Lattice iCE40 FPGA Power series: FPGA components

Lattice iCE40 FPGA Power series: FPGA components

ICE40 Power Testing


When designing a device such as the ICE40Ultra Plus FPGA into a system, its essential to know how it behaves under various conditions, especially when powerred by a battery.

This blog is to document experiments that show the actual power consumption under various conditions.


  • The hardware used is the iCE40 breakout board from Lattice. This board was chosen as it breaks out all power rails of the FPGA.
  • I used the PCF file from the UPduino as its identical. The absolutely wonderful icestorm toolchain was used as its very fast and scriptable. I would expect comparable results from the vendors Radiant toolchain.
  • Current on each rail was measured using a Joulescope JS110.
  • A toy math example is provided where two 8 bit counters are multiplied together to get a 16 bit result on every clock cycle.


The data is located in the ice40_power Github page and not duplicated here. 


  • Done LED connection take 150uA! Disconnect this for lowest power.
  • The RGB driver takes ~280uA, setting the CURREN or the RGBLEDEN to zero drops this current entirely.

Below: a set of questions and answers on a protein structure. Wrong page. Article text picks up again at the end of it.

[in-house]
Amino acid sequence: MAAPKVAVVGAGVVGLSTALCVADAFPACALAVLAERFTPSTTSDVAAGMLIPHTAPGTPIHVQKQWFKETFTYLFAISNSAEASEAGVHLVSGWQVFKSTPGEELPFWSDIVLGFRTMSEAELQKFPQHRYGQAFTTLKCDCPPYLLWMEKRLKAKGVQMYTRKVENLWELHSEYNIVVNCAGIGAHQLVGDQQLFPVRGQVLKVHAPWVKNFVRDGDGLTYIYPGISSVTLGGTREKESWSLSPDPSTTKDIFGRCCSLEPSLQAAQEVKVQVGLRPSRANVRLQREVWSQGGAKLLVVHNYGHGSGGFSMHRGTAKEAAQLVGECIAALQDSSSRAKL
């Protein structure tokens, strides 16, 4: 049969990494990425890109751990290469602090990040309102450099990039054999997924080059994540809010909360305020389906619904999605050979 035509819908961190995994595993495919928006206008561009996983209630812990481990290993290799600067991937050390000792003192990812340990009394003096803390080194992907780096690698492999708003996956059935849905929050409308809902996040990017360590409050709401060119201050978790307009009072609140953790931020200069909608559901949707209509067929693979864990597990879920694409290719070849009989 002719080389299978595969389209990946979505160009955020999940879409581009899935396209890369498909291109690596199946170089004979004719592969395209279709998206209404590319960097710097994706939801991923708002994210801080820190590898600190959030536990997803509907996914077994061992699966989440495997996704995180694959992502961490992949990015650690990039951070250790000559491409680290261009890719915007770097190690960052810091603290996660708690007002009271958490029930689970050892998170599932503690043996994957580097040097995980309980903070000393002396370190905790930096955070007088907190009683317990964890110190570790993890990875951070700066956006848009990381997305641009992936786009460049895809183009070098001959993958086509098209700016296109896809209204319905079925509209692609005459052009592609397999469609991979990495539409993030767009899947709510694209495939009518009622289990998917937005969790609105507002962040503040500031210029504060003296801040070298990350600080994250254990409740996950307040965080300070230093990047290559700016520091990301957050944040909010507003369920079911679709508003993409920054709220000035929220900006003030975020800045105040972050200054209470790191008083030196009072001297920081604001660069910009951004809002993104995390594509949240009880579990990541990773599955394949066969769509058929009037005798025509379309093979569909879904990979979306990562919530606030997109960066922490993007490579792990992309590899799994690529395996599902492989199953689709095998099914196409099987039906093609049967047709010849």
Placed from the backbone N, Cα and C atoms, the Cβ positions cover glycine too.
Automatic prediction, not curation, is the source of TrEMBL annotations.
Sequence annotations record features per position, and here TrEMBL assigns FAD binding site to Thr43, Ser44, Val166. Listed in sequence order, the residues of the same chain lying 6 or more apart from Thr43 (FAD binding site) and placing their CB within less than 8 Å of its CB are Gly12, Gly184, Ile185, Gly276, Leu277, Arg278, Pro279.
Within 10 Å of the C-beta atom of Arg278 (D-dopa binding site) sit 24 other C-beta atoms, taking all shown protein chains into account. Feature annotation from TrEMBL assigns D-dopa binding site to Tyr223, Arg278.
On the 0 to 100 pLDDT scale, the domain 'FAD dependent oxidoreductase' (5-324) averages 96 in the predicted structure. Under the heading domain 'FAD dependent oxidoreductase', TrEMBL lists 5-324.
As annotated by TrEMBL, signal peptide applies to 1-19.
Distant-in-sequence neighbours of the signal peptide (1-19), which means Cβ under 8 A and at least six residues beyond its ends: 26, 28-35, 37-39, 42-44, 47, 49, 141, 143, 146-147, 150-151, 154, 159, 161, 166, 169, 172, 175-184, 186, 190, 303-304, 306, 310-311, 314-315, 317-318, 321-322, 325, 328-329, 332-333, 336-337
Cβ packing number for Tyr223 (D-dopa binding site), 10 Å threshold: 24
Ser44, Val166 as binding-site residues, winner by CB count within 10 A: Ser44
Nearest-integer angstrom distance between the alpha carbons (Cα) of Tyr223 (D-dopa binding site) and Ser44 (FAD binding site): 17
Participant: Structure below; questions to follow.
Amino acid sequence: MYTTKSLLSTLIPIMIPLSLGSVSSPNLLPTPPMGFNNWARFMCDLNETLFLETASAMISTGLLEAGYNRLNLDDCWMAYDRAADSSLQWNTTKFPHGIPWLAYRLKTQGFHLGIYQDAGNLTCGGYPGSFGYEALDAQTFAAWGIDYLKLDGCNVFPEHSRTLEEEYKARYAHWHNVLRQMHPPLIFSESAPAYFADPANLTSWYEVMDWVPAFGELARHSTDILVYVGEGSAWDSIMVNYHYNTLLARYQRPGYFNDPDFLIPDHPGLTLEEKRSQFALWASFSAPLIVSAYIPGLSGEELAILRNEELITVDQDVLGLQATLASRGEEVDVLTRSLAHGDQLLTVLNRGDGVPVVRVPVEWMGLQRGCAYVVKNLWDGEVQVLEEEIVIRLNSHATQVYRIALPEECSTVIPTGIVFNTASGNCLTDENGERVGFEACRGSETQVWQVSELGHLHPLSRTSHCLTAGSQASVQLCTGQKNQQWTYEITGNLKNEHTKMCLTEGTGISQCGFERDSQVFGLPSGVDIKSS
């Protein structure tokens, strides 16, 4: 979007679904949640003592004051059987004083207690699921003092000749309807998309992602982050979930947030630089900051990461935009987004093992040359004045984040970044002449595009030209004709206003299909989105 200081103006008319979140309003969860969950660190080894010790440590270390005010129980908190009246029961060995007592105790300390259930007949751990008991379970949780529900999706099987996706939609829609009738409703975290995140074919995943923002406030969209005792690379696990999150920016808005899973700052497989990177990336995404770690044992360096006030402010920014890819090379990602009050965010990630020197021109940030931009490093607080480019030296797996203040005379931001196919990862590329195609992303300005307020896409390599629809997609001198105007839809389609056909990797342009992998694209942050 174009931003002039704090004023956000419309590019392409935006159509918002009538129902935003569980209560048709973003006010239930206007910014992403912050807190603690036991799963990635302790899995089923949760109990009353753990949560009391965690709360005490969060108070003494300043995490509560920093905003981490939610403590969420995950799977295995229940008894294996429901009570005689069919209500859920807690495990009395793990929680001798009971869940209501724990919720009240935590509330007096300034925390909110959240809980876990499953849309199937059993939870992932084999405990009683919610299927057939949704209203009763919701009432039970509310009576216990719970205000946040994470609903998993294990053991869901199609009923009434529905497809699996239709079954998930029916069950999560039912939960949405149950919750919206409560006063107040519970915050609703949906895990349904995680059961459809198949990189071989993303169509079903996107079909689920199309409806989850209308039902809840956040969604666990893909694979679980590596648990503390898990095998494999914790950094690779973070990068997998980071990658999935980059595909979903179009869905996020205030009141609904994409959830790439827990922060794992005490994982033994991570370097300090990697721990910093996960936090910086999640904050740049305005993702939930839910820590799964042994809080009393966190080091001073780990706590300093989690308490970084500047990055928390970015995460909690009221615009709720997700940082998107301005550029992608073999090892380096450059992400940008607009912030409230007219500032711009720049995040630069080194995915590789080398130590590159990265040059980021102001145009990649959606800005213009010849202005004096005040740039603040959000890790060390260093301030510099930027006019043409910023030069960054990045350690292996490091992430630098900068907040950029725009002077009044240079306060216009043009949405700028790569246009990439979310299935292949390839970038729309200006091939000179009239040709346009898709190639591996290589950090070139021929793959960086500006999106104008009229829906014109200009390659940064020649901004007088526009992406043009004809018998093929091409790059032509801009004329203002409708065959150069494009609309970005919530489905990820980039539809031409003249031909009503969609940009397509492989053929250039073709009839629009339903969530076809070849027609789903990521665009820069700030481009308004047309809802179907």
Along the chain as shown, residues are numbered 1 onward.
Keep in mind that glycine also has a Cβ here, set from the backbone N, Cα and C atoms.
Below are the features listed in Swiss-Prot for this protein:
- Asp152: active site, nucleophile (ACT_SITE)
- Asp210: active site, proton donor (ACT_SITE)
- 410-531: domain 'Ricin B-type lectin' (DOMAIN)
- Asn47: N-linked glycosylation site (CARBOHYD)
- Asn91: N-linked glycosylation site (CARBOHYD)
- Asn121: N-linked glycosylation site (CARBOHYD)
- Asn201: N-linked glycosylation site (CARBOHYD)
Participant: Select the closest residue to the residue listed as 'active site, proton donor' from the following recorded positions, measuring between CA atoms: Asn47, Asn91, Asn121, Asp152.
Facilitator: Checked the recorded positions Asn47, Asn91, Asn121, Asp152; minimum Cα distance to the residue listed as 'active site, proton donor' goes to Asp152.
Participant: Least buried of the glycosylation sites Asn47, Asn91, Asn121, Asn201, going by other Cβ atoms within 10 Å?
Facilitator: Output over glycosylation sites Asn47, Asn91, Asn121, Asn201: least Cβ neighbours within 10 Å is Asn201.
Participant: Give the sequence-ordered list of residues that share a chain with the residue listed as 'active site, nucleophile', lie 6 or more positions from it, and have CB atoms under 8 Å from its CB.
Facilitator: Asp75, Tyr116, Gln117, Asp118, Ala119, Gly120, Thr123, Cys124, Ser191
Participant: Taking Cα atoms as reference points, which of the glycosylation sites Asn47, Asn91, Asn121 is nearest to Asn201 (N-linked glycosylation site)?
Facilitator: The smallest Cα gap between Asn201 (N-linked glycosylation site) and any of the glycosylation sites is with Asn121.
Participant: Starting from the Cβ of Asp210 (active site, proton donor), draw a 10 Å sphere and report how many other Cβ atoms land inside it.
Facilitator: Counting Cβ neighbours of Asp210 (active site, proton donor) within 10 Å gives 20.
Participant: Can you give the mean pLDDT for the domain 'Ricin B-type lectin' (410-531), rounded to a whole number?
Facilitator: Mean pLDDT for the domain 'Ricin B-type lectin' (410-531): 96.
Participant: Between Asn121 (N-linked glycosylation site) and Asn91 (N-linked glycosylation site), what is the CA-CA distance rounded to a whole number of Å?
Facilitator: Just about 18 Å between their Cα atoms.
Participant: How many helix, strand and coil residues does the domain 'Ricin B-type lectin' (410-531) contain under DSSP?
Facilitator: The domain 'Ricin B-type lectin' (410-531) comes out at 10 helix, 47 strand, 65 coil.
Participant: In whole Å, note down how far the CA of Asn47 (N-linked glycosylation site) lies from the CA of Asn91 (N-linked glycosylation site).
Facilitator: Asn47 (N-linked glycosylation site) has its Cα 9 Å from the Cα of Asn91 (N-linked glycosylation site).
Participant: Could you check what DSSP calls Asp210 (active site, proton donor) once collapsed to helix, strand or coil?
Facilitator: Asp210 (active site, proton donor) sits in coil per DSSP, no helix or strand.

• Holding the FPGA in reset or leaving it unconfigured consumes more power than if its programmed with an actual low power design.
  • Enabling pullup resistors on inputs did not change the power consumption at all. This is likely due to the IO not picking up much interference. Touching the IO in this state causes power to go up.
  • Mapping math to a DSP slice makes sense from the power point of view, in the above toy example, we save about 110uA.
  • A minimally functional FPGA (10kHz, 24 bit counter) can consume as little as 4.4*1.219 + 3.76*3.3 + 3.4*3.3 + 1.5*3.3 + 96.3*1.219 = 151uW. The power consumption with such a low clock rate does not change significantly with increasing design size (a 1536 wide counter causes the core current to increase by 3uA). This implies that the FPGA will work quite well if used in a system where the clock can be dropped to 10kHz for long periods of time. The 10kHz clock allows the FPGA to respond to an interrupt and also switch to a faster clock. Alternatively, the clock can be completely halted on this FPGA as well if supplied by an external clock as shown by the halted clock test.


The FPGA boots from Flash programmed with low power 10kHz design. The FPGA configures itself from flash and draws power on the core and SPI flash bank (Bank 1) as shown below. The total energy consumption numbers as well as boot times are important for applications that will power off the FPGA and require it to boot up infrequently for power saving. As shown in the plots below, booting from the flash consumes about 46nAh of energy and takes about 70ms from start to finish. Note that this does not include the flash chip power consumption!

Future work

  • Check out power when mapping to BRAM vs. registers
  • Power consumption of IO banks with voltage and driving known loads
  • Any other ideas?
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